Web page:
T-Mobile announced at the end of July 2022 that they have been fined $350 million on fund claims, legal fees and administrative costs. Further, the company have agreed to use an additional $150 million to upgrade and improve their security infrastructure, after falling victim to a cyber attack that compromised personal data belonging to 77 million current, former, and T-Mobile prepaid customers. The agreement was made and signed in the US District Court for the Western District of Missouri.
The breached personal data included names, addresses, birth dates, phone numbers, email addresses, as well as IMEI and IMSI information for about 7.8 million US customers.
Another 70 million former US customers had their names, dates of birth, social security numbers and drivers’ licenses leaked. The malicious actor who took responsibility for the hack has claimed to pierce T-Mobile security defences using T-Mobile VPN credentials purchased on the dark web.
What is a VPN?
A VPN (Virtual Private Network) is a necessity in modern security architecture for online security, privacy and protection from malicious actors/hackers. The purpose of companies using VPNs is to mask and encrypt data and IP information which allows their employees to access company resources from remote locations without compromising the data on networks which may lack necessary security controls.
Why have VPN attacks become more common?
VPN routers have become a popular way for attackers to intrude on company networks and security infrastructure. Virgin Media fell victim to this type of attack in 2021. Attackers were able compromise Virgin Media routers within the UK and unmask true IP addresses. They then intercepted user network traffic to uncover further information, all achieved by exploiting a vulnerability in the VPN. The privacy implications of this were severe. This is one of many examples of how vulnerabilities are present in VPN routers, even if they belong to a trusted vendor. Vulnerabilities found in routers added to the increase in VPN traffic has encouraged attackers to exploit VPNs as a valuable method of attack. It allows the attacker to gain access to data with the overall goal of demanding a ransom fee from the victim, or selling the information on the dark web.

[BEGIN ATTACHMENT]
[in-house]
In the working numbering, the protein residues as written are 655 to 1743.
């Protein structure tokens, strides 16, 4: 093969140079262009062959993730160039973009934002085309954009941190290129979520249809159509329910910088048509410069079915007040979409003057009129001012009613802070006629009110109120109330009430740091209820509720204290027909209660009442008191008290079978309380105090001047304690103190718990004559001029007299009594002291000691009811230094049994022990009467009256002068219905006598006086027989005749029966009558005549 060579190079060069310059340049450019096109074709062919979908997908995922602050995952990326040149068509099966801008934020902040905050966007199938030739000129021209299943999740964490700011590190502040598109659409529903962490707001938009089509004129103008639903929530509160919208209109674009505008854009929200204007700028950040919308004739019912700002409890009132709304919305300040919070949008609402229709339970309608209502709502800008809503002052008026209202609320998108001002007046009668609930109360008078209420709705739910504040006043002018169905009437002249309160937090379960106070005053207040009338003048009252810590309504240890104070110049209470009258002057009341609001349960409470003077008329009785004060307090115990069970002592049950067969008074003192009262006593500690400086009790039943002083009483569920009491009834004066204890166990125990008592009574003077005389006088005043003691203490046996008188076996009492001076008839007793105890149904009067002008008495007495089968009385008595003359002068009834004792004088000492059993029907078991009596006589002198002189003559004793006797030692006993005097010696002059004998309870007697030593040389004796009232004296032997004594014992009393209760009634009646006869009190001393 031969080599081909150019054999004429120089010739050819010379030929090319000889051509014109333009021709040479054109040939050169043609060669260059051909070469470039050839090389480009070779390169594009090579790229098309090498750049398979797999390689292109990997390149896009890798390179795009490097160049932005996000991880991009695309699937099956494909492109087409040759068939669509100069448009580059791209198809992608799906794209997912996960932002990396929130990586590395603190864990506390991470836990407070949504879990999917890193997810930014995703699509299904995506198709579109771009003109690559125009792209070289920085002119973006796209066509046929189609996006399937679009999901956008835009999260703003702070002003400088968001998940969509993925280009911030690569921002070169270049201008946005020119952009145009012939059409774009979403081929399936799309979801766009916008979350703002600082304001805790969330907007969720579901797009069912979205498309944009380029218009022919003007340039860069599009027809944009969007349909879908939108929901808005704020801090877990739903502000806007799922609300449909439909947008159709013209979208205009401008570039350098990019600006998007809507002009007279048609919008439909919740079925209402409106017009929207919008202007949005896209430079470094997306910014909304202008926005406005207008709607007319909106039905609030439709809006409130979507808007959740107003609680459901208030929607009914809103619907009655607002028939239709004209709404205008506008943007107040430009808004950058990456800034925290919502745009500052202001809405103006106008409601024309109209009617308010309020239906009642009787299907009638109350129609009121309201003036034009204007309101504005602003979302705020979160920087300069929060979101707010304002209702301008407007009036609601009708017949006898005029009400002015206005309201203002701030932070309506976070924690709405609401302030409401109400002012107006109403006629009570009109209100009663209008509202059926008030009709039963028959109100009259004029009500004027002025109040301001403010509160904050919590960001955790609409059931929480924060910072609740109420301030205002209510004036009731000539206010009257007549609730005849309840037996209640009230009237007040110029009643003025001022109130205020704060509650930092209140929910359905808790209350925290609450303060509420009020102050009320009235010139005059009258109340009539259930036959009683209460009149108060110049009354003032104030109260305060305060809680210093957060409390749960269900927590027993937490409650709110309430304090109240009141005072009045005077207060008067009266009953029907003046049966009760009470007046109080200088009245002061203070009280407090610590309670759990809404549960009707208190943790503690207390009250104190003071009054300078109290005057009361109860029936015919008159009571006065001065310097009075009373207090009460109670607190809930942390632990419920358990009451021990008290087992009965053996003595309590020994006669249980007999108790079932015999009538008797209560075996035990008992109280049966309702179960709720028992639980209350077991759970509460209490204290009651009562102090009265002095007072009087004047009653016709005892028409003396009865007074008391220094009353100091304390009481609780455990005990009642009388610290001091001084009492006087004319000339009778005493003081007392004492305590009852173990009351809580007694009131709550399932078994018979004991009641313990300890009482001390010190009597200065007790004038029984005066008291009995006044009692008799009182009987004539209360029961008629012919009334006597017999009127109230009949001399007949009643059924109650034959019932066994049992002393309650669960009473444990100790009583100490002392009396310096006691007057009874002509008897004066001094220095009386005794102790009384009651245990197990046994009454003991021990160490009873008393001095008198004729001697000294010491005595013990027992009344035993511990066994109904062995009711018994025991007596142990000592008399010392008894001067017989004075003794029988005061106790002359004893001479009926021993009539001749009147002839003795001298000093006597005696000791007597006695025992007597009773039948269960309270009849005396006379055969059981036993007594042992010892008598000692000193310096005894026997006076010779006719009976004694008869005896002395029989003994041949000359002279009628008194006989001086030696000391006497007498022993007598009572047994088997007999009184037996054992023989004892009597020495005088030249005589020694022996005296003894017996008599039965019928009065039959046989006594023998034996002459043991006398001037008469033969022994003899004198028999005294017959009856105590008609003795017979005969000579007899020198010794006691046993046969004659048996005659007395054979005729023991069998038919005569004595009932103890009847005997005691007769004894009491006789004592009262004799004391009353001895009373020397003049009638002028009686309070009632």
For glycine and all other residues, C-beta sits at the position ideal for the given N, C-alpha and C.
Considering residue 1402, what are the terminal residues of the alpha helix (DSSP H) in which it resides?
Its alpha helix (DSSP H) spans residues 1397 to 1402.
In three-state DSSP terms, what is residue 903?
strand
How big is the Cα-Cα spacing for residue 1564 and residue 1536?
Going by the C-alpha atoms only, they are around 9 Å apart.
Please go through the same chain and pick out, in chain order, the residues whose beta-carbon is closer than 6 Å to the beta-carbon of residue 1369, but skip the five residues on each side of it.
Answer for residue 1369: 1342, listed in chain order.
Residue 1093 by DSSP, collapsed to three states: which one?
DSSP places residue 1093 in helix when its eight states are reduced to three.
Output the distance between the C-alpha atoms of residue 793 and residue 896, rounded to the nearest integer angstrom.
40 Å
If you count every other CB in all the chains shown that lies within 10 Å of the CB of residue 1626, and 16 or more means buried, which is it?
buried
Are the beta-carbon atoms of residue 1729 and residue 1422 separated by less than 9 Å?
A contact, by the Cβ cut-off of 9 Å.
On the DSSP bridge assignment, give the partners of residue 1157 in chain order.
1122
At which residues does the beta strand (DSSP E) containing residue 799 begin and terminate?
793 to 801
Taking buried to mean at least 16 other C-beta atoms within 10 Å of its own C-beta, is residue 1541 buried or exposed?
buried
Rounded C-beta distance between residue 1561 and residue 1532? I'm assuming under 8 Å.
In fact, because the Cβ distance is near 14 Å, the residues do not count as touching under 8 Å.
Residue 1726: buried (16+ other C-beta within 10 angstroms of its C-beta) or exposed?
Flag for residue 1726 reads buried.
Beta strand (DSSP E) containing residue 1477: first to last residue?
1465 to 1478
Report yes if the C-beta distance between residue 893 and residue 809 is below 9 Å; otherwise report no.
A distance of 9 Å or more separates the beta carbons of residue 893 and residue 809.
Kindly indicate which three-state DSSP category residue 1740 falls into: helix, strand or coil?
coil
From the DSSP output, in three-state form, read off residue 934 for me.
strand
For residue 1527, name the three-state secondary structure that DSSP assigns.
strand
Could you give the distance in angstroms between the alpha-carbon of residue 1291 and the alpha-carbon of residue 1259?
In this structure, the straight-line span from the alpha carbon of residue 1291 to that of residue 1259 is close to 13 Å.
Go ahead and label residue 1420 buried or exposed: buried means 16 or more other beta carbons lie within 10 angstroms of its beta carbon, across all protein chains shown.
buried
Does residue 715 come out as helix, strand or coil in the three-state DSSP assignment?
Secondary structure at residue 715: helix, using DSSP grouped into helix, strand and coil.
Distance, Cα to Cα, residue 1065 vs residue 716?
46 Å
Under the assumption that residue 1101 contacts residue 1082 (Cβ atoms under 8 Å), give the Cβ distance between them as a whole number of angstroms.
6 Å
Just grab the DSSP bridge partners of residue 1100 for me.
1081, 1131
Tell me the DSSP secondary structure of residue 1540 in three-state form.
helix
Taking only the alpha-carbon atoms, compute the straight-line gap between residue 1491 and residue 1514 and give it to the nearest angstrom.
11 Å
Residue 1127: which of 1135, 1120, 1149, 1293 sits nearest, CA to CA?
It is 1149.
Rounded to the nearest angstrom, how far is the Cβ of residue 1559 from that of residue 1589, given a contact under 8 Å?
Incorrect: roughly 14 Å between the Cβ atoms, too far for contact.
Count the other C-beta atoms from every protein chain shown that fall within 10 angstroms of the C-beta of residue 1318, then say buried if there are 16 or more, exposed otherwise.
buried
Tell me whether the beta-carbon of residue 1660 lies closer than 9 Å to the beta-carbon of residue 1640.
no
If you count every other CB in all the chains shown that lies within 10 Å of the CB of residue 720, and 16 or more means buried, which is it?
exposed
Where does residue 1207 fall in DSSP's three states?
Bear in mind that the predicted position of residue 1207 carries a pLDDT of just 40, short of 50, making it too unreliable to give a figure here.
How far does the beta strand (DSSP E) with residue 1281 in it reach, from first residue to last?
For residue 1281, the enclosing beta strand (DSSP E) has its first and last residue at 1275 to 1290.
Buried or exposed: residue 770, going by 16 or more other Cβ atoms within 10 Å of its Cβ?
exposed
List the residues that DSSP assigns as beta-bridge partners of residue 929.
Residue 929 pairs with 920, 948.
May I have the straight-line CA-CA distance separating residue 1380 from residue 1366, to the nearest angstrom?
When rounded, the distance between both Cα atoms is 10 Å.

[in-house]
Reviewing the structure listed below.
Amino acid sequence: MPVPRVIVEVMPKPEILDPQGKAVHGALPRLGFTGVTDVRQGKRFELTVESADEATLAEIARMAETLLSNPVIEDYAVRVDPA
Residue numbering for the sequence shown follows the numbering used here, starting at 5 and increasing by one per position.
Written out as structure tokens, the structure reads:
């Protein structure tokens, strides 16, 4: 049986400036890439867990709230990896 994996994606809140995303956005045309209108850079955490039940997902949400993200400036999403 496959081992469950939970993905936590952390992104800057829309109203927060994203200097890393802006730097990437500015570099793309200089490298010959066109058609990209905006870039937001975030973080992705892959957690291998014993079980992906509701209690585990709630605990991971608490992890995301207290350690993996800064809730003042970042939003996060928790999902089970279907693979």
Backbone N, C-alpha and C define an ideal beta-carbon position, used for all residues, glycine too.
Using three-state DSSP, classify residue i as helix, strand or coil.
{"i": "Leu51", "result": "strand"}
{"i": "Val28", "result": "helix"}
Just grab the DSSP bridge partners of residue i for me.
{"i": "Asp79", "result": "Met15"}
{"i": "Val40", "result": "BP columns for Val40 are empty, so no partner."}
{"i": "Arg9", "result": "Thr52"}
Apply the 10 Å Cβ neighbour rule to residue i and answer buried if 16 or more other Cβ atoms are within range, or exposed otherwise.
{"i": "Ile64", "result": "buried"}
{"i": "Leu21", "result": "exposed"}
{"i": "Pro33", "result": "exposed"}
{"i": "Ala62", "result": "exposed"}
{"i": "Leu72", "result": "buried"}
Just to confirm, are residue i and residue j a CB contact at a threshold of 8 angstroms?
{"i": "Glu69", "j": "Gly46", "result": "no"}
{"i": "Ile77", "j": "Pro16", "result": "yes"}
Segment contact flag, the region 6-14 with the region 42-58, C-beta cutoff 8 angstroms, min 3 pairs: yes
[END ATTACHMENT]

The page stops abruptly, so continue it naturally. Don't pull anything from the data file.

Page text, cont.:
The pandemic accelerated remote working. With it came an increase in VPN traffic, as employees use VPNs to access company resources when they are away from the office. If hackers compromise a VPN, they gain access to the whole company network, as often organisations aren’t deploying network segmentation, or limitations of access to information, for their employees.
Lastly, IT and security teams tend to prioritise other actions to improve company infrastructure. This means that patches and updates to protect VPNs are delayed or just not implemented, due to the stigma that VPNs guarantee a degree of safety.
What can organisations do to defend themselves from VPN attacks?
It is important for companies to ensure that their security is robust and up-to-date in order to avoid falling victim to cyber attacks. Vulnerabilities in a company’s infrastructure can compromise personal data and sensitive information as seen in the T-Mobile case. Companies must ensure the following to limit the risk of falling victim to these types of attacks:
- Patch all VPN servers, firewalls and routers on a regular basis.
- Provide regular training on VPN security and social engineering to employees.
- Access controls (including Multi-Factor Authentication) must be implemented throughout the network. Privileged access segmentation must be implemented, preventing easy access to the company’s whole network if a VPN is breached.
- VPN usage must be monitored so that companies can prioritise safety controls depending on VPN traffic levels.